Prithwiraj (Raj) Choudhury, the Lumry Family Associate Professor at the Harvard Business School and author of the article “Our Work-From-Anywhere Future” (a finalist for the 2020 Harvard Business Review McKinsey Award), has advised organizations like Google, Walmart and Deloitte on the future of work. He joined BOH executive editor Fred Nicolaus to discuss his ideas for the workforce of tomorrow, and began by sharing the results of a 2015 study of U.S. Patent and Trademark Office employees, who were allowed to work from anywhere starting that year. The workforce spread across the country—older employees moved to Florida for a quasi-early retirement, while young parents moved to less costly areas to afford better child care. As a result of the new initiative, productivity increased by over 4 percent.

Choudhury sees the strategy as a win-win for businesses and their employees, and laid out three reasons why: With work-from-anywhere, you can also hire from anywhere, without being constrained to the local labor pool; overall costs go down as productivity increases; and it leads to a more equal workplace for women, who find it more difficult to relocate for a work opportunity. He explained that with the proper hybrid practices, like balancing remote work with “virtual water-cooler chats” and company retreats, teams can connect in a more meaningful way.

Best quote: “There are two kinds of companies: One is going to embrace work-from-anywhere, and the second is in denial—I feel those companies will lose their workforce. You have to make a choice, as a leader, what kind of company you want to lead,” Choudhury said. “My prediction is, in five to 10 years, we won’t call it remote work—it’ll just be work.”

Key takeaway: The pandemic accelerated the possibility of widespread work-from-anywhere, and if employers opt for the proper hybrid practices, they can boost productivity and their workforce’s well-being at the same time. —Caroline Bourque


Kaitlin Petersen and Bree Blazak
Kaitlin Petersen and Bree BlazakKevin Lau

Did you know that one in three millennials doesn’t have a credit card? Bree Blazak, vice president of enterprise sales at Afterpay, shared that surprising fact during a conversation with BOH’s Kaitlin Petersen. Blazak said that because millennials grew up during the financial crisis, many of them are skeptical about credit cards. Enter Afterpay, the leading retail installment-payments innovator and one of the fastest-growing global fintech companies. More than 20 million consumers currently use its “buy now, pay later” service both in stores and online to split up larger purchases—and they are so sold on the platform that a good portion of them now use it as a directory to discover brands that work with the company. While Afterpay started with mainly fashion and beauty brands, Blazak said that according to consumer surveys, home and decor are the most requested categories.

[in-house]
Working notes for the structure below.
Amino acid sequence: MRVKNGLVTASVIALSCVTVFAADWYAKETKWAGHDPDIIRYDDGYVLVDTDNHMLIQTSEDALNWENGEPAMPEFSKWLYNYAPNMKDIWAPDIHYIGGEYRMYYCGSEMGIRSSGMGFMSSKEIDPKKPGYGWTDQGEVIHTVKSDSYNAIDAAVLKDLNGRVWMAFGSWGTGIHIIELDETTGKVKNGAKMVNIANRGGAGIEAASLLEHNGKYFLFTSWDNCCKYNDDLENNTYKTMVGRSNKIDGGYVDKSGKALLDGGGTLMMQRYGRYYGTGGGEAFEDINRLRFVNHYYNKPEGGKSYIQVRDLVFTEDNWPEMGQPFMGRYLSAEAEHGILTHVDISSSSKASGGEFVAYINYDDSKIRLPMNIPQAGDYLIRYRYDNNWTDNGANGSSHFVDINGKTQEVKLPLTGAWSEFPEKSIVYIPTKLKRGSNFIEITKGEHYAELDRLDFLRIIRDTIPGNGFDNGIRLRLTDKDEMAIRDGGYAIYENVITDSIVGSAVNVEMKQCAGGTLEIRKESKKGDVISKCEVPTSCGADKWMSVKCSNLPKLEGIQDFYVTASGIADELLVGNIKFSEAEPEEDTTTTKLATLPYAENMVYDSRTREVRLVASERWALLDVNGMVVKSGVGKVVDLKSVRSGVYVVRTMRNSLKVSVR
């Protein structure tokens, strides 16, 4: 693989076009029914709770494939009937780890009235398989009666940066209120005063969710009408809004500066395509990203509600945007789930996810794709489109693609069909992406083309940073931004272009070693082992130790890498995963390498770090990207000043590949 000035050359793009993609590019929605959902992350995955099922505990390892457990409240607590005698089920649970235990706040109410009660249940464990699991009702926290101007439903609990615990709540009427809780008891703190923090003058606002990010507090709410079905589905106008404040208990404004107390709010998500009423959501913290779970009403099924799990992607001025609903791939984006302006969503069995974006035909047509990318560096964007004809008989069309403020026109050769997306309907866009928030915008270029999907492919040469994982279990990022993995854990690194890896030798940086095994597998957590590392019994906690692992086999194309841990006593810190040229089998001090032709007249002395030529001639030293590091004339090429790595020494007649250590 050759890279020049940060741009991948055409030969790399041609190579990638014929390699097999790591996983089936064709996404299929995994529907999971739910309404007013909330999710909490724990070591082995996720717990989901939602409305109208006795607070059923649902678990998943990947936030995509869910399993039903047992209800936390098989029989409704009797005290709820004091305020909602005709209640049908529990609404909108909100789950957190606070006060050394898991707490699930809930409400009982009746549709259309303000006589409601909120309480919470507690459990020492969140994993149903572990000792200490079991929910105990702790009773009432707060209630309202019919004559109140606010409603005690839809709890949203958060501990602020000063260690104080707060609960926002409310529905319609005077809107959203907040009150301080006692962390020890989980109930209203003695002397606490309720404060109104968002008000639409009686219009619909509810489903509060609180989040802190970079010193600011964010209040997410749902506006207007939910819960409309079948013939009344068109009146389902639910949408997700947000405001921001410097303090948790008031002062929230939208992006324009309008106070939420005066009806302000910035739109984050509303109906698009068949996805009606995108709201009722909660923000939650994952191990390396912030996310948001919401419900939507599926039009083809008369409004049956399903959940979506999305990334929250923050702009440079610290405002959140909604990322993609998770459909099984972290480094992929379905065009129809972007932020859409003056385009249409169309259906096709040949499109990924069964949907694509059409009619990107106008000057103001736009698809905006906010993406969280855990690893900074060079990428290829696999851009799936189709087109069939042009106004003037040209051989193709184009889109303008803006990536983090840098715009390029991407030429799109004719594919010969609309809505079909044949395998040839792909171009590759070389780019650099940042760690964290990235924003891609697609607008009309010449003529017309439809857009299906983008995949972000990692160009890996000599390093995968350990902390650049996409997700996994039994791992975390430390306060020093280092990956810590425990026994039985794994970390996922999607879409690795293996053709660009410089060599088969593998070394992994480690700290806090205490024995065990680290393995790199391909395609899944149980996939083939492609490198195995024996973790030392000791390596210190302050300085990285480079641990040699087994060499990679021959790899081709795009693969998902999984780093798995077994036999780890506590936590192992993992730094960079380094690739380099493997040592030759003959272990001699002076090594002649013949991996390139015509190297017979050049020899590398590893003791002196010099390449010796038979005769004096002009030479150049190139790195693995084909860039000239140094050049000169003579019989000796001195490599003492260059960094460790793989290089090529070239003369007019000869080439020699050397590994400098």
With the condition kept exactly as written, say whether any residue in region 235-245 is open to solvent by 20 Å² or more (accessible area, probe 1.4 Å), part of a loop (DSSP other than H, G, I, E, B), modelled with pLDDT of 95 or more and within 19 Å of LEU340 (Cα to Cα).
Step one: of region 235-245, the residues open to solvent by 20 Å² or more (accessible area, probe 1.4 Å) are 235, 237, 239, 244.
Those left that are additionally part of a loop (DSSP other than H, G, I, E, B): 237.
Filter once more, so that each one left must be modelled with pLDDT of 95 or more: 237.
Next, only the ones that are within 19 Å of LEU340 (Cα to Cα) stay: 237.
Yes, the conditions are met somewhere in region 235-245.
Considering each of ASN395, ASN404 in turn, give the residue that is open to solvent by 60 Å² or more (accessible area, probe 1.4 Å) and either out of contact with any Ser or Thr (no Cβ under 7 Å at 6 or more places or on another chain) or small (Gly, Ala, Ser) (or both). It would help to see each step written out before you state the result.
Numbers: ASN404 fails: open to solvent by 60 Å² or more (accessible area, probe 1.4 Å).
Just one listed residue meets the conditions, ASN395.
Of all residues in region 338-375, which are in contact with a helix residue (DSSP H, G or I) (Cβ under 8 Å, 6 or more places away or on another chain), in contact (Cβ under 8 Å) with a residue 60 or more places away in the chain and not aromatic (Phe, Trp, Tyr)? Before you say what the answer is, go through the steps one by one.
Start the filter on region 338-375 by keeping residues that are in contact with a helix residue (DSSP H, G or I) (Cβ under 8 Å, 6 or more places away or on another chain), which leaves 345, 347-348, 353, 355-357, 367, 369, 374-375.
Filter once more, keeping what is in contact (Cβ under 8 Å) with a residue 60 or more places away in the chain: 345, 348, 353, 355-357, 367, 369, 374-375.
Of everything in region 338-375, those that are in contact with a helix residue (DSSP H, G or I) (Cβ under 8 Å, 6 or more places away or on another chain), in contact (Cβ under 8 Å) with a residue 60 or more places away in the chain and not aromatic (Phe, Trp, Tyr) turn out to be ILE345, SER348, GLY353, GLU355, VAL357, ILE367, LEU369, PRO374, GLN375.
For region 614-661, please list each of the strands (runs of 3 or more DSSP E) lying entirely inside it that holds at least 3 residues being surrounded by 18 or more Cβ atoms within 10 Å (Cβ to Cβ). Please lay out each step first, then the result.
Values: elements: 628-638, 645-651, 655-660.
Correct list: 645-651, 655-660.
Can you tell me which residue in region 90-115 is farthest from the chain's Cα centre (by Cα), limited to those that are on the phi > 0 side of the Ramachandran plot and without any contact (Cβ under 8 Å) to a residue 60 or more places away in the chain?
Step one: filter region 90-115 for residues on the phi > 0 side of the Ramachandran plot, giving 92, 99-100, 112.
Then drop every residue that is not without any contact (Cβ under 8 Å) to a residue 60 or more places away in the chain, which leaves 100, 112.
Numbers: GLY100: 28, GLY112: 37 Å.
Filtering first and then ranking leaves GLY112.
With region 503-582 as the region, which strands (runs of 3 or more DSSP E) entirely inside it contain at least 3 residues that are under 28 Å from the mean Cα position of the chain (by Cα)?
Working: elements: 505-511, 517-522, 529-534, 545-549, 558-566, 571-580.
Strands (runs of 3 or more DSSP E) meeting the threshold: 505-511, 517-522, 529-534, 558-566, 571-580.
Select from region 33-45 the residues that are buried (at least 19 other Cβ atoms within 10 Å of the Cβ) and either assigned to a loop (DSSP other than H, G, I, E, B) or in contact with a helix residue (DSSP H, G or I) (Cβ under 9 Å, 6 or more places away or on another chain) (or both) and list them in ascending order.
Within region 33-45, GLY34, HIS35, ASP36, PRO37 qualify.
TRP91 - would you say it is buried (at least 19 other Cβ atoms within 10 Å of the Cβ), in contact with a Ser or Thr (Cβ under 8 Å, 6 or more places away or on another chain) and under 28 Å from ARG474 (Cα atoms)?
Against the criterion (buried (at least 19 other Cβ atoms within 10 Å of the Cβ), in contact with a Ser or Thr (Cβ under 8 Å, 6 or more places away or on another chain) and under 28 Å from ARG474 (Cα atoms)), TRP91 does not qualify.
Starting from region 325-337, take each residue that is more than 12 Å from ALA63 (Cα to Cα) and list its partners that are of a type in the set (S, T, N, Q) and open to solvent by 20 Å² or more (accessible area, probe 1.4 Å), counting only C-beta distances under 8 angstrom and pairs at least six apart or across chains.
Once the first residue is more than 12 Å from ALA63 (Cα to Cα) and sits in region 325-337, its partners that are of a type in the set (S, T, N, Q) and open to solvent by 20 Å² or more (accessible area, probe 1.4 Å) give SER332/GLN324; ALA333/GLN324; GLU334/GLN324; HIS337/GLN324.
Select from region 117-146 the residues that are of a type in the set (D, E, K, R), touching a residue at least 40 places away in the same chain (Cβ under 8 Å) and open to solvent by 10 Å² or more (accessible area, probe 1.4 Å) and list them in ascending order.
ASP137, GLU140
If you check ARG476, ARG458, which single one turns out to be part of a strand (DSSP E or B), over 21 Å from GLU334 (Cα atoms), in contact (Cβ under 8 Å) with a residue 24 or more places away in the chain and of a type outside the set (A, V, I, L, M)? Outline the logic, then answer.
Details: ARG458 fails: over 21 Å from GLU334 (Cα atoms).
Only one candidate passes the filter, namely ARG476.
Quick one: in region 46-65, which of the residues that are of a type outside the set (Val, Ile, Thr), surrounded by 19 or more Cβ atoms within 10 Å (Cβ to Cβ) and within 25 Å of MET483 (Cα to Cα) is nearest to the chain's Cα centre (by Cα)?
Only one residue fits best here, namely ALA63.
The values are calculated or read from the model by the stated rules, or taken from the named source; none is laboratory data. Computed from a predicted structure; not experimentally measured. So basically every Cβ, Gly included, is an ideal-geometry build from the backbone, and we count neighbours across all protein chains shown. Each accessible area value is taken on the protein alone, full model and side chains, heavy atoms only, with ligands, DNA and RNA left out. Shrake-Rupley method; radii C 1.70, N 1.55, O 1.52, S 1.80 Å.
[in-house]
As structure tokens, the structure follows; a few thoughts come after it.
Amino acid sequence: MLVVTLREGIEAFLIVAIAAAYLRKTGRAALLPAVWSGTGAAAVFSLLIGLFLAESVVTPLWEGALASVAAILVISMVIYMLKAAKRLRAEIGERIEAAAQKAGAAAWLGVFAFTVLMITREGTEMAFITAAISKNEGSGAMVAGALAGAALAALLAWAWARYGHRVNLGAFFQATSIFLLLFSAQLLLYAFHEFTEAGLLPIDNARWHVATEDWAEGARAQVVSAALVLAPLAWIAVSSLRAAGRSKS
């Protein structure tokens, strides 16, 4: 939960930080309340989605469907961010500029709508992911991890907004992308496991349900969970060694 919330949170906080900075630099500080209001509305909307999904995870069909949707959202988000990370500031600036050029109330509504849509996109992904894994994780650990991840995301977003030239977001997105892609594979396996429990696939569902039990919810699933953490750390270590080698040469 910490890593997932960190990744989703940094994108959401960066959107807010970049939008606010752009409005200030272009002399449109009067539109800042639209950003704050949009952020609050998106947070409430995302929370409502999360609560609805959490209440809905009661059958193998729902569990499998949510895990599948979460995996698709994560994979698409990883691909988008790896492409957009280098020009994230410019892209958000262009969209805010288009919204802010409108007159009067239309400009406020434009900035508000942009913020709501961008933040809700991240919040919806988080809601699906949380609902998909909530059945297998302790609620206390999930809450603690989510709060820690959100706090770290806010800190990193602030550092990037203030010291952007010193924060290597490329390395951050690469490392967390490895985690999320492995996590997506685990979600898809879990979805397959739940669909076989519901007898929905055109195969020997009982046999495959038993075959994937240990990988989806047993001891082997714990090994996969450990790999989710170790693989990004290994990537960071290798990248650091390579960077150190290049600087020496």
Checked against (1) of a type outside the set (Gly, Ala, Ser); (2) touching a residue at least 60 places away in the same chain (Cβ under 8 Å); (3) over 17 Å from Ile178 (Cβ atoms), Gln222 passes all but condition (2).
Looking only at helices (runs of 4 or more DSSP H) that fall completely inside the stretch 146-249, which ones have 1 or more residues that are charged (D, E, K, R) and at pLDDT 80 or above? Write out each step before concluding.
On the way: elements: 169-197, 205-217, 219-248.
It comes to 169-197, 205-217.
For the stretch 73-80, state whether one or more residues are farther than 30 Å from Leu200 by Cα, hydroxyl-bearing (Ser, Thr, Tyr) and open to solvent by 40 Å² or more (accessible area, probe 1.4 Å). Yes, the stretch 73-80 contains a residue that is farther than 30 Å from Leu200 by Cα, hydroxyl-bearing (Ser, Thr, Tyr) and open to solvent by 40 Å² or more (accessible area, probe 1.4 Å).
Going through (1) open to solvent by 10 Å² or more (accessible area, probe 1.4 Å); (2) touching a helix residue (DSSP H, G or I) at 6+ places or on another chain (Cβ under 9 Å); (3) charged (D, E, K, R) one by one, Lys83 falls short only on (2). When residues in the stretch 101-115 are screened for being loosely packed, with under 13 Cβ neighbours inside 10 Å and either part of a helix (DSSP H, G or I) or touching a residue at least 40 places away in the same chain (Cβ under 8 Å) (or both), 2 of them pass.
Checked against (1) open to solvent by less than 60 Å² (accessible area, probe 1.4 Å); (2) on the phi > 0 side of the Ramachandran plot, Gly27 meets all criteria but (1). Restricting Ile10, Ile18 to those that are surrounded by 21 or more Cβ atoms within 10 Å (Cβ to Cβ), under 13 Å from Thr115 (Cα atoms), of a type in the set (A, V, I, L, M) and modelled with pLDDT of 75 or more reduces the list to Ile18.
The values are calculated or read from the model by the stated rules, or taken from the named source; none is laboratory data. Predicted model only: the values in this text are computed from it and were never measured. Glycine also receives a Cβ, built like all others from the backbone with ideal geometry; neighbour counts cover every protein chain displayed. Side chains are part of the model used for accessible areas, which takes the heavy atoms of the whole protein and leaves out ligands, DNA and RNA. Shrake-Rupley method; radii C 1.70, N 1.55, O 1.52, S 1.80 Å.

Key takeaway: Consumers continue to flock to Afterpay because it’s a simple alternative to charging large purchases. And there’s both room and demand for more home brands to start using the payment platform. —Haley Chouinard


Brian Morrissey, Mélanie Berliet and Zach Klein
Brian Morrissey, Mélanie Berliet and Zach KleinKevin Lau

Brian Morrissey, author of the newsletter The Rebooting, sat down with Dwell CEO Zach Klein and Mélanie Berliet, general manager and senior vice president of the Home Group at Dotdash, to discuss what’s ahead for the media industry, and one thing became increasingly clear: Service-driven content is here to stay. “Our goal is to give users the fastest answers to their questions,” Berliet said. “It’s a relationship based on trust.” Klein noted that as homeownership continues to dwindle in the current economy, Dwell has made it a point to educate readers about housing policies and to cover a more diverse range of price points. “The decrease of homeownership affects our readers greatly,” he said.

Another trend that Berliet predicts will continue to grow in upcoming months is the use of social media and digital content as a branding tool for designers. “TikTok represents the democratization of interior design,” she said. “It suggests that interior design may have once been intimidating to some, but now people feel more comfortable approaching it and eager to learn more about it.” Klein added that digital reach is much wider than print, no matter how much prestige the latter has. “Our print magazine reaches about 275,000 readers, and digital, about 30 million,” he said. “The magazine is still profitable, but digital is our largest channel of revenue.”

Best quote: “People used to consume shelter magazines as observers, but now they’re approaching the same kind of content as participants,” said Berliet.

Key takeaway: Whether it’s instructing readers on how to get stains out of clothes or how to renovate their homes, service-driven content is the future. —Caroline Biggs


Dennis Scully and Austin Allison
Dennis Scully and Austin AllisonKevin Lau

Austin Allison, the founder of Dotloop, joined BOH contributor Dennis Scully on the main stage to talk about his newest venture, Pacaso, a real estate platform he expects will revolutionize the concept of second homes. The company, which launched in October 2020 and is now valued at $1 billion, acquires luxury homes and sells up to eight shares in the properties. Shareholders stay for a set number of weeks per year, depending on the size of their stake.

Allison acknowledged that housing is a sensitive topic, as home affordability has never been more of an issue in America than it is now, but said that one of the goals for his platform is to make luxury real estate more accessible. On average, second homes are only used by the owner five to six weeks a year, he explained. His hope with Pacaso is that vacation homes can become attainable to the millions of families interested in second homeownership but perhaps couldn’t afford to buy one outright in a desirable vacation market. “When you buy a second home, you’re unlocking a chapter to another life,” said Allison. “What if we could make that easy for people? We can apply the model of the sharing economy to a concept that’s been around for a long time: co-ownership.”